NEW YORK PUBLIC LIBRARY PHOTOS

Instructed to select 5 to 7 pictures from the NYC Library Images, and place them on my newly created blog. Including a summary of the photos that are featured on your blog. The pictures should be on the same topic/subject (such as) music.  If there was limited information research the images so that a summary may be provided. A summary is more than two sentences.

 

Source Link: 

http://gizmodo.com/the-new-york-public-library-just-uploaded-over-187-000-1751362999

THEME: Media: TV & Film Innovation (1955—1992)

Time, Inc. v. Hill, 385 U.S. 374 (1967) is a United States Supreme Court case involving issues of privacy in balance with the First Amendment to the United States Constitution and principles of freedom of speech. Libel in media is a published false statement that is damaging to a person's reputation; a written defamation. This case really shows and examines that using someone’s likeness without permission has developed as one of the four branches of privacy law.

Harry Bannister (September 29, 1889 – February 26, 1961) was an American stage, film and television actor, and theater producer and director. Bannister founded the American Music Hall Theatre Group in New York City. Its first production, a melodrama entitled The Drunkard, ran for 277 performances. He appeared regularly on Broadway in the 1950s, starring, opposite Celeste Holm, in Affairs of State and in Love Me Long with Shirley Booth.

Event celebrating Phil Donahue's 25-year television career, highlighting his interviews with a wide spectrum of notable persons as well as his covering of various social topics, including sexuality, racism, women's rights, the AIDS epidemic in the U.S. Features a special performance with children from National Dance Institute at 43-minute mark. This is significant due to the revolution and the style of talk which was expanded by black journalist, actor and personality Oprah Winfrey.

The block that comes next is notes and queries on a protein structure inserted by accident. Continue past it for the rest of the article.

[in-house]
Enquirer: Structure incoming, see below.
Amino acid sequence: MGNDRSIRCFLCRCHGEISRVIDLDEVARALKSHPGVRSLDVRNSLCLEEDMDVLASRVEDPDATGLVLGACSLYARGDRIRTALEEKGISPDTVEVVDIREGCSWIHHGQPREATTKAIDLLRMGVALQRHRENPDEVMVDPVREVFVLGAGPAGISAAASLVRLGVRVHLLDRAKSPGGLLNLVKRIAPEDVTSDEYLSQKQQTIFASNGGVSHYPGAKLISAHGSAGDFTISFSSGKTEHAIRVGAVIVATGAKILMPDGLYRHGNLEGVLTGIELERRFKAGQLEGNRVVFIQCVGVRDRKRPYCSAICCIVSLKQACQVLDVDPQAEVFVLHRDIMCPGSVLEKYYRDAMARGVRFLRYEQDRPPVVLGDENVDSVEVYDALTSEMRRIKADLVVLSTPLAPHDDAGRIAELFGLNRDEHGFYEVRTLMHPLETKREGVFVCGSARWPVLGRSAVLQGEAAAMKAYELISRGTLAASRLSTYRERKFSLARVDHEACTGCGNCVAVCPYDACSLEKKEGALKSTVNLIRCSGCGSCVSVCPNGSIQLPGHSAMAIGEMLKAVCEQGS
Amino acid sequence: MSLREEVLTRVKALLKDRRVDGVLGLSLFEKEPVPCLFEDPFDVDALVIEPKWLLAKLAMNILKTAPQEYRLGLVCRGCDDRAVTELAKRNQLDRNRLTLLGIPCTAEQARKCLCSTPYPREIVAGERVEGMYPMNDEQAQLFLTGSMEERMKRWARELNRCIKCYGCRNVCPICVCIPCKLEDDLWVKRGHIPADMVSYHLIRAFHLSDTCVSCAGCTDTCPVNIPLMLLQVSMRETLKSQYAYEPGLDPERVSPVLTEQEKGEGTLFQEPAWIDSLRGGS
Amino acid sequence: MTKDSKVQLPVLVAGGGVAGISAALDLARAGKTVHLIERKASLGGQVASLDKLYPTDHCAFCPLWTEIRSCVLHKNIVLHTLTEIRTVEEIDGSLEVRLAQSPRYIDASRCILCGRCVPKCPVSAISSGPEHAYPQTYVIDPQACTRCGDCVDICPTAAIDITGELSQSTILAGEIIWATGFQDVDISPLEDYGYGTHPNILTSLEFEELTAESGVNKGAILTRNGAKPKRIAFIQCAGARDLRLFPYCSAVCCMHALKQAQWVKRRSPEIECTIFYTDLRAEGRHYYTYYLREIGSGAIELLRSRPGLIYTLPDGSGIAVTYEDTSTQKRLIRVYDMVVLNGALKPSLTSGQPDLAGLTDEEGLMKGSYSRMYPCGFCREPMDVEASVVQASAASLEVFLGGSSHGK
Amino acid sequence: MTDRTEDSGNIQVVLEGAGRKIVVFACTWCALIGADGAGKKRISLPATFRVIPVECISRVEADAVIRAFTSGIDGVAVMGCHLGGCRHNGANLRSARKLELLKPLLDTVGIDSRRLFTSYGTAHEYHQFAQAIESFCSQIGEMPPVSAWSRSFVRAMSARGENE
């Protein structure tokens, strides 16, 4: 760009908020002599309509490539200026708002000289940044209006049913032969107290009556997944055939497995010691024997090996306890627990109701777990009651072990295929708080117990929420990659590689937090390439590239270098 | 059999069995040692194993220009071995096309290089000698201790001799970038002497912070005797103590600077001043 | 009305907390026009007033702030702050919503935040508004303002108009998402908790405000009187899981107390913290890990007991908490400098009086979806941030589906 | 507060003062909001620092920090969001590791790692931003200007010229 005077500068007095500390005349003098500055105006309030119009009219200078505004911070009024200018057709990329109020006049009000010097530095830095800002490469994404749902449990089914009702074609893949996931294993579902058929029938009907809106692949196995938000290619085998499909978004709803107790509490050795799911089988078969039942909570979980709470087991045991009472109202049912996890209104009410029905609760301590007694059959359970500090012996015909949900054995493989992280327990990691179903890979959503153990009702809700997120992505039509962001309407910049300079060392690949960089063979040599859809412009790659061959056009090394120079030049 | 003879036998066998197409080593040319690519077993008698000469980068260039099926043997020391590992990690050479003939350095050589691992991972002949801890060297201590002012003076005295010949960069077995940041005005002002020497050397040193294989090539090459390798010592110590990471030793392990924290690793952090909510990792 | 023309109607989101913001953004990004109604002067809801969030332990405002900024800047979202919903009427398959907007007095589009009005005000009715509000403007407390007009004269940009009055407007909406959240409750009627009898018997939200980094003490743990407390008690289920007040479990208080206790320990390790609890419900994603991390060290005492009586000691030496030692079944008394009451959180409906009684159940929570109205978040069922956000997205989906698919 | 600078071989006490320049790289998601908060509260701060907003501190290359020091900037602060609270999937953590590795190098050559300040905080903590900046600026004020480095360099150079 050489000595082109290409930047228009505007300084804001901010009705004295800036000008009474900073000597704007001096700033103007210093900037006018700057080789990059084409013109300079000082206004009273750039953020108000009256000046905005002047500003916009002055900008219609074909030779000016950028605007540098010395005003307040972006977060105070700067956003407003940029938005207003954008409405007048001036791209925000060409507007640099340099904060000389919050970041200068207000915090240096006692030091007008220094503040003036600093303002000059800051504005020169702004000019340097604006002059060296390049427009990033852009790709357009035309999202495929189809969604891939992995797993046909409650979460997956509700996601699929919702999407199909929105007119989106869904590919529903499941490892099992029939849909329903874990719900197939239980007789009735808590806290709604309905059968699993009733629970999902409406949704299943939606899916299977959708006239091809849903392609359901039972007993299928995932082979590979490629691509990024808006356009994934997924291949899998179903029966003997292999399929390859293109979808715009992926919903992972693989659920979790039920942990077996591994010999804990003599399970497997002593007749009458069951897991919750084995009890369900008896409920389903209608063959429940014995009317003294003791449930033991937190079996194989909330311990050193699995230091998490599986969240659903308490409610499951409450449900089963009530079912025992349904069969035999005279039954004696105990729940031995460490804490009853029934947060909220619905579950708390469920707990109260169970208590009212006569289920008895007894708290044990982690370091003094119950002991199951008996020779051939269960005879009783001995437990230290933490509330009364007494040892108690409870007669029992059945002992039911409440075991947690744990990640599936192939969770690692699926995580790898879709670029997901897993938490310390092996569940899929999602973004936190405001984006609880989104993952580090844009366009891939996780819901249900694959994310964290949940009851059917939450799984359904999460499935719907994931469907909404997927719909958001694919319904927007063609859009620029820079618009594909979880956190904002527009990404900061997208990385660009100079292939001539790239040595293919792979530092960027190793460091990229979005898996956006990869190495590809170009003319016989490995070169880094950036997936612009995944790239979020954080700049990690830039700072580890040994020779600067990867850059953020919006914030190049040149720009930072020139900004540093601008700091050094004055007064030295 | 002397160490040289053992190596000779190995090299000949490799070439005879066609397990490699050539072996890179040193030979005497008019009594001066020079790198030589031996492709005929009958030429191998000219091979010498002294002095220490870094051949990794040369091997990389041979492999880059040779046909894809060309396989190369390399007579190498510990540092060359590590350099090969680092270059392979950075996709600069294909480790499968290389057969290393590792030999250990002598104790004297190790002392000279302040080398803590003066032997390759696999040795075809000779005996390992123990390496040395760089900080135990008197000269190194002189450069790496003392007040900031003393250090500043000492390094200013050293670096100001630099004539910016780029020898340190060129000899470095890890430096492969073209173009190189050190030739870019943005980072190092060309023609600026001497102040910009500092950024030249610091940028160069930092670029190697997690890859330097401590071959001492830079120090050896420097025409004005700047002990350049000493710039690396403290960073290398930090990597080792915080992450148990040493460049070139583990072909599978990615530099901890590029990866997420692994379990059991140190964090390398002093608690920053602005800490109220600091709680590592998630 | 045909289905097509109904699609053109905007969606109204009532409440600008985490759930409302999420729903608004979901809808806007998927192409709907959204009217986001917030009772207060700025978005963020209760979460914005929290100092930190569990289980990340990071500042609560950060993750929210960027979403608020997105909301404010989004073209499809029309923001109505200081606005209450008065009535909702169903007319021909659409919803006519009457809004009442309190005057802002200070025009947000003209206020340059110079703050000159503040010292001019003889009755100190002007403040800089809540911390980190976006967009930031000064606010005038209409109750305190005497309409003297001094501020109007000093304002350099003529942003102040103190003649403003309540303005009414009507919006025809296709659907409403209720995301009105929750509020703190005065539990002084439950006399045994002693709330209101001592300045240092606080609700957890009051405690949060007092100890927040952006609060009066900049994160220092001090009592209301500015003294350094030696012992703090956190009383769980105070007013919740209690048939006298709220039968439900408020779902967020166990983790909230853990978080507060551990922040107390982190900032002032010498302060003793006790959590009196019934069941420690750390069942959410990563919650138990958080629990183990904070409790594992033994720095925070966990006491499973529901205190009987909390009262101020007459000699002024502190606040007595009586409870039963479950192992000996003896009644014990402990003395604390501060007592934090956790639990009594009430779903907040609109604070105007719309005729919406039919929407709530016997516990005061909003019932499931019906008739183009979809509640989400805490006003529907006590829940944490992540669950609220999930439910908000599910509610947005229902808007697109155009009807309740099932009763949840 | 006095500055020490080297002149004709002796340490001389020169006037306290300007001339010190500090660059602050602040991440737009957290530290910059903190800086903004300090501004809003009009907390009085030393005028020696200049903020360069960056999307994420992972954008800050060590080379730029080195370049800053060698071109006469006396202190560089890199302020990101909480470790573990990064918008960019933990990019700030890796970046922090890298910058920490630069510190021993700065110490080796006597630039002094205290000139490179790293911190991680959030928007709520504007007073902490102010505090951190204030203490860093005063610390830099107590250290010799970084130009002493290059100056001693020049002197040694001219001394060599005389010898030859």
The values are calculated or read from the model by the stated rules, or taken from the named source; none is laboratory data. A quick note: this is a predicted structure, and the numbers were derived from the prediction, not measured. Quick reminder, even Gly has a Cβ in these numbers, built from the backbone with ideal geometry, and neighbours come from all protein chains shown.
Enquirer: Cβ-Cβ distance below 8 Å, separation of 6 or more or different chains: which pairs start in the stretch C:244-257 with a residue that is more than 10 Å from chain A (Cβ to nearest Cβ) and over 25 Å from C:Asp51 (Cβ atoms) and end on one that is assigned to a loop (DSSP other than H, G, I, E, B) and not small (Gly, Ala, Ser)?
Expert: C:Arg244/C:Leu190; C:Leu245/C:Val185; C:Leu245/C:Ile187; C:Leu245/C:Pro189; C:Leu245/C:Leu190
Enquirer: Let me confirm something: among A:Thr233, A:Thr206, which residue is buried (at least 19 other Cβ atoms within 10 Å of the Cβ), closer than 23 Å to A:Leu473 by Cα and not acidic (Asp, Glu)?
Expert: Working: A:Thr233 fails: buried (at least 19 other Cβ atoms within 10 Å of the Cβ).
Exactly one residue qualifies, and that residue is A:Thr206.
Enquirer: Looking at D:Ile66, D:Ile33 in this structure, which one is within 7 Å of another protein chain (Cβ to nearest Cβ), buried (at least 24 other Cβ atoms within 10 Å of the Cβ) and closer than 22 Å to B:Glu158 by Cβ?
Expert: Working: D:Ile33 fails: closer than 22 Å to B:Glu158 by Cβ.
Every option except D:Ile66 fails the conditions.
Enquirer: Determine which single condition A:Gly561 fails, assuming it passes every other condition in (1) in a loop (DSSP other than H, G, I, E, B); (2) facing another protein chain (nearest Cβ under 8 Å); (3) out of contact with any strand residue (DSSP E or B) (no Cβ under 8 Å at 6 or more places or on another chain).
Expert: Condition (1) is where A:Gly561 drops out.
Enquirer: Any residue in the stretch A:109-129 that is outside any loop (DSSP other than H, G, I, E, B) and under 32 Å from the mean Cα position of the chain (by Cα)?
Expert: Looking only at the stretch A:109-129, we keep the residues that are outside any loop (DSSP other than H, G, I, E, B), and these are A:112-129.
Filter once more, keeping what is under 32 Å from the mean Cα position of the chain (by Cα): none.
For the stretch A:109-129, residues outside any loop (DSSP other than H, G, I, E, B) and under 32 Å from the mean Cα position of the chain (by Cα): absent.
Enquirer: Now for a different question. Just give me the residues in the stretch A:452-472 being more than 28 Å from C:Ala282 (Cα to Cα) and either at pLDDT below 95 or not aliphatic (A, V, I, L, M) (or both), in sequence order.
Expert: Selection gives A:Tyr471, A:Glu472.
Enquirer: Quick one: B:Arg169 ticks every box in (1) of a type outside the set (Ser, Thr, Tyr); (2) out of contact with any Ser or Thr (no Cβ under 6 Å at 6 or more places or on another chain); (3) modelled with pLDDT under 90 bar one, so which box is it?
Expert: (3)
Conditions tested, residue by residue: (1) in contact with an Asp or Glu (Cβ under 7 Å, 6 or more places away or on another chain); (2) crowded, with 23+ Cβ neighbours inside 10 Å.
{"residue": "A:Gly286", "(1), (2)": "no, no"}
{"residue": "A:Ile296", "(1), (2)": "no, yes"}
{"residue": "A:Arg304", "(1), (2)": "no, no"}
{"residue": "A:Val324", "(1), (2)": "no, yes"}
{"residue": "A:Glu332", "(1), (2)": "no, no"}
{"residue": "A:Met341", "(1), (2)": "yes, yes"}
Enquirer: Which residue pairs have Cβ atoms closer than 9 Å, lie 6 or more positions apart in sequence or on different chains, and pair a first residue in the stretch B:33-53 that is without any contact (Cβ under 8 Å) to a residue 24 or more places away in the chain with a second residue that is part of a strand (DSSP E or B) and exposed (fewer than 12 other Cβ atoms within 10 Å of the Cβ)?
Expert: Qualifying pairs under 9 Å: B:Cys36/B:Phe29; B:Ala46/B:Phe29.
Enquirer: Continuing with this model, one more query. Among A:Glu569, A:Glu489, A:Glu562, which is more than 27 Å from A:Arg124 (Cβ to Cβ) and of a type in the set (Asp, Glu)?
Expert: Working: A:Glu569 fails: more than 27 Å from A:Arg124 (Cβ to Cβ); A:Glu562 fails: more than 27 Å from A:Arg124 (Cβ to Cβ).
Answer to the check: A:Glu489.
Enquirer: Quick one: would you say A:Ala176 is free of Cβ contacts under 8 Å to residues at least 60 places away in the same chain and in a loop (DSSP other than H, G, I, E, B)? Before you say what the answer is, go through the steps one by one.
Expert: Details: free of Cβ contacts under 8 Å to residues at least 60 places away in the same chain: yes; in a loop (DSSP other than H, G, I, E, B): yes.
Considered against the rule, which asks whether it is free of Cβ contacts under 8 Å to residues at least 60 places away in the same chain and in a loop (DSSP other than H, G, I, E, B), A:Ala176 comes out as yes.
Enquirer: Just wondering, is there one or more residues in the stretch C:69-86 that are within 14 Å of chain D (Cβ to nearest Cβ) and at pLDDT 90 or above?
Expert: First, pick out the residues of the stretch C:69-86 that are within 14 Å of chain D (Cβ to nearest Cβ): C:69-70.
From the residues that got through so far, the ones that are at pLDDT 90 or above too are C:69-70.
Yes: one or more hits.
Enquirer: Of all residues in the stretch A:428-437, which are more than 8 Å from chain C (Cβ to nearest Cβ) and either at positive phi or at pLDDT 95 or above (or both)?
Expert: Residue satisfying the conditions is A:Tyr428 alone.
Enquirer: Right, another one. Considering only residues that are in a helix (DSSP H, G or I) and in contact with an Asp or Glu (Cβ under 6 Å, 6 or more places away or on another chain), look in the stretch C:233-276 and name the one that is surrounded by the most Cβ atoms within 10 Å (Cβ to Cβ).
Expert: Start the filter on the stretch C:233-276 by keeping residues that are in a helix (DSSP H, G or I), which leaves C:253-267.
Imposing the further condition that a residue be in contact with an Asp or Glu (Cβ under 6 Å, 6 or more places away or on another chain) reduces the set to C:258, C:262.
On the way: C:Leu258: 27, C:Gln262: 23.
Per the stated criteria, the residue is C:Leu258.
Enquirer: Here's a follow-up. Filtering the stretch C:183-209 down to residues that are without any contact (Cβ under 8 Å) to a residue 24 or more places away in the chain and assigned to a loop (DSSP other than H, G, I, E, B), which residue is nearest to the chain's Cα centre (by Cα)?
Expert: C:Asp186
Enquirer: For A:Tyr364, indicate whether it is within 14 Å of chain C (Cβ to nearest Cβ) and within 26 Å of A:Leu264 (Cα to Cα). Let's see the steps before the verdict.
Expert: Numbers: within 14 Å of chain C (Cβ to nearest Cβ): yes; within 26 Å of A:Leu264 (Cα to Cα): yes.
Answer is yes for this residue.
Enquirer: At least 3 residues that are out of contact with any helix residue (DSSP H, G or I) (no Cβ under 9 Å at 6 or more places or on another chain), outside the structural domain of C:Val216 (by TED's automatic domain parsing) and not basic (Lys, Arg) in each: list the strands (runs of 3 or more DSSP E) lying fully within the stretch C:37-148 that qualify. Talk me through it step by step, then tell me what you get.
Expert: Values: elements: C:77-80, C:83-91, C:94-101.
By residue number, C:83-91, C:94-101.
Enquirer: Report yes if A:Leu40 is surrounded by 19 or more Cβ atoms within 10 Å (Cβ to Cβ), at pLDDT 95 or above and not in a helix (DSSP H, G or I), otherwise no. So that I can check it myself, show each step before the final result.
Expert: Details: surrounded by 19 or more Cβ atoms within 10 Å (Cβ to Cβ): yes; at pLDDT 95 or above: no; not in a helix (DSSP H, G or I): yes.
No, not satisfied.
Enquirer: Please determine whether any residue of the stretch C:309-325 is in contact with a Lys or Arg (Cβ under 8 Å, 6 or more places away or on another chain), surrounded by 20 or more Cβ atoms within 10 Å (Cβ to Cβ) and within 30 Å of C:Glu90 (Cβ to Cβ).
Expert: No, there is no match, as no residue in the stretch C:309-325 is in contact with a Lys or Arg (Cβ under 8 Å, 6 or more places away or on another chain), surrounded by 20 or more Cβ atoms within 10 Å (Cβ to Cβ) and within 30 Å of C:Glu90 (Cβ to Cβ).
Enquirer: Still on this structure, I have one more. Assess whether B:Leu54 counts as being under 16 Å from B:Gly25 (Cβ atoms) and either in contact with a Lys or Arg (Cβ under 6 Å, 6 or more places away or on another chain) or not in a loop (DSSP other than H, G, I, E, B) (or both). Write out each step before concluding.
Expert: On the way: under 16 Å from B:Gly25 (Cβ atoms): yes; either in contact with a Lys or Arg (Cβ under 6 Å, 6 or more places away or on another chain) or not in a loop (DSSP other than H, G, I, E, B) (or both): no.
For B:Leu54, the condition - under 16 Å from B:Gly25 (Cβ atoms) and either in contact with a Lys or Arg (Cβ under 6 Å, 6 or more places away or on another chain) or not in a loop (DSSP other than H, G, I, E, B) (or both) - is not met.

Ben Harney and Sheryl Lee Ralph singing "When I First Saw You" for TV commercial of the Broadway production of the musical "Dreamgirls." (New York 1981). This photo was taken during the commercial promoting the Broadway productions. Accroding to a Wikipedia overview, Dreamgirls had its beginnings as a project for Nell Carter. Playwright Tom Eyen and composer Henry Krieger first worked together on the 1975 musical version of Eyen's play The Dirtiest Show in Town. Carter appeared in the musical, and her performance inspired Eyen and Krieger to craft a musical about black back-up singers, which was originally called One Night Only and then given the working title of Project. This is a historic film with many different adaptions.  

P. Jay in the television comedy series "You'll Never Get Rich," later titled "The Phil Silvers Show," in 1955. The Phil Silvers Show, originally titled You'll Never Get Rich, is a sitcom which ran on CBS from 1955 to 1959. The series was originally set in Fort Baxter, a sleepy, unremarkable U.S. Army post in the fictional town of Roseville, Kansas, and centered on the soldiers of the Fort Baxter motor pool under Master Sergeant Ernest G. Bilko. However, Bilko and his men seemed to spend very little time actually performing their duties—Bilko Sidneyin particular spent most of his time trying to wheedle money through various get-rich-quick scams and promotions, or to find ways to get others to do his work for him. Emily Nussbaum in a 2015 article in The New Yorker writes that as early as 1954 Sidney, who performed in this show, was encouraging protest, through the Amsterdam News, at the fact that "by not including Negroes in at least approximately the numbers and the roles in which they occur in American life, television and radio programs that purport to give a true picture of American life malign and misrepresent Negro citizens as a whole."[1] She notes that although there was a moment when he believed that television might someday reflect African Americans in their full humanity, in a 1968 speech to the National Freedom Day dinner (Philadelphia), he said: "The 'bad image' of blackness is like the air we breathe, and that makes it harder to recognize." While black actors were represented as "entertainers" for whites, only on dramatic shows could they be seen as real people with real problems and real feelings.

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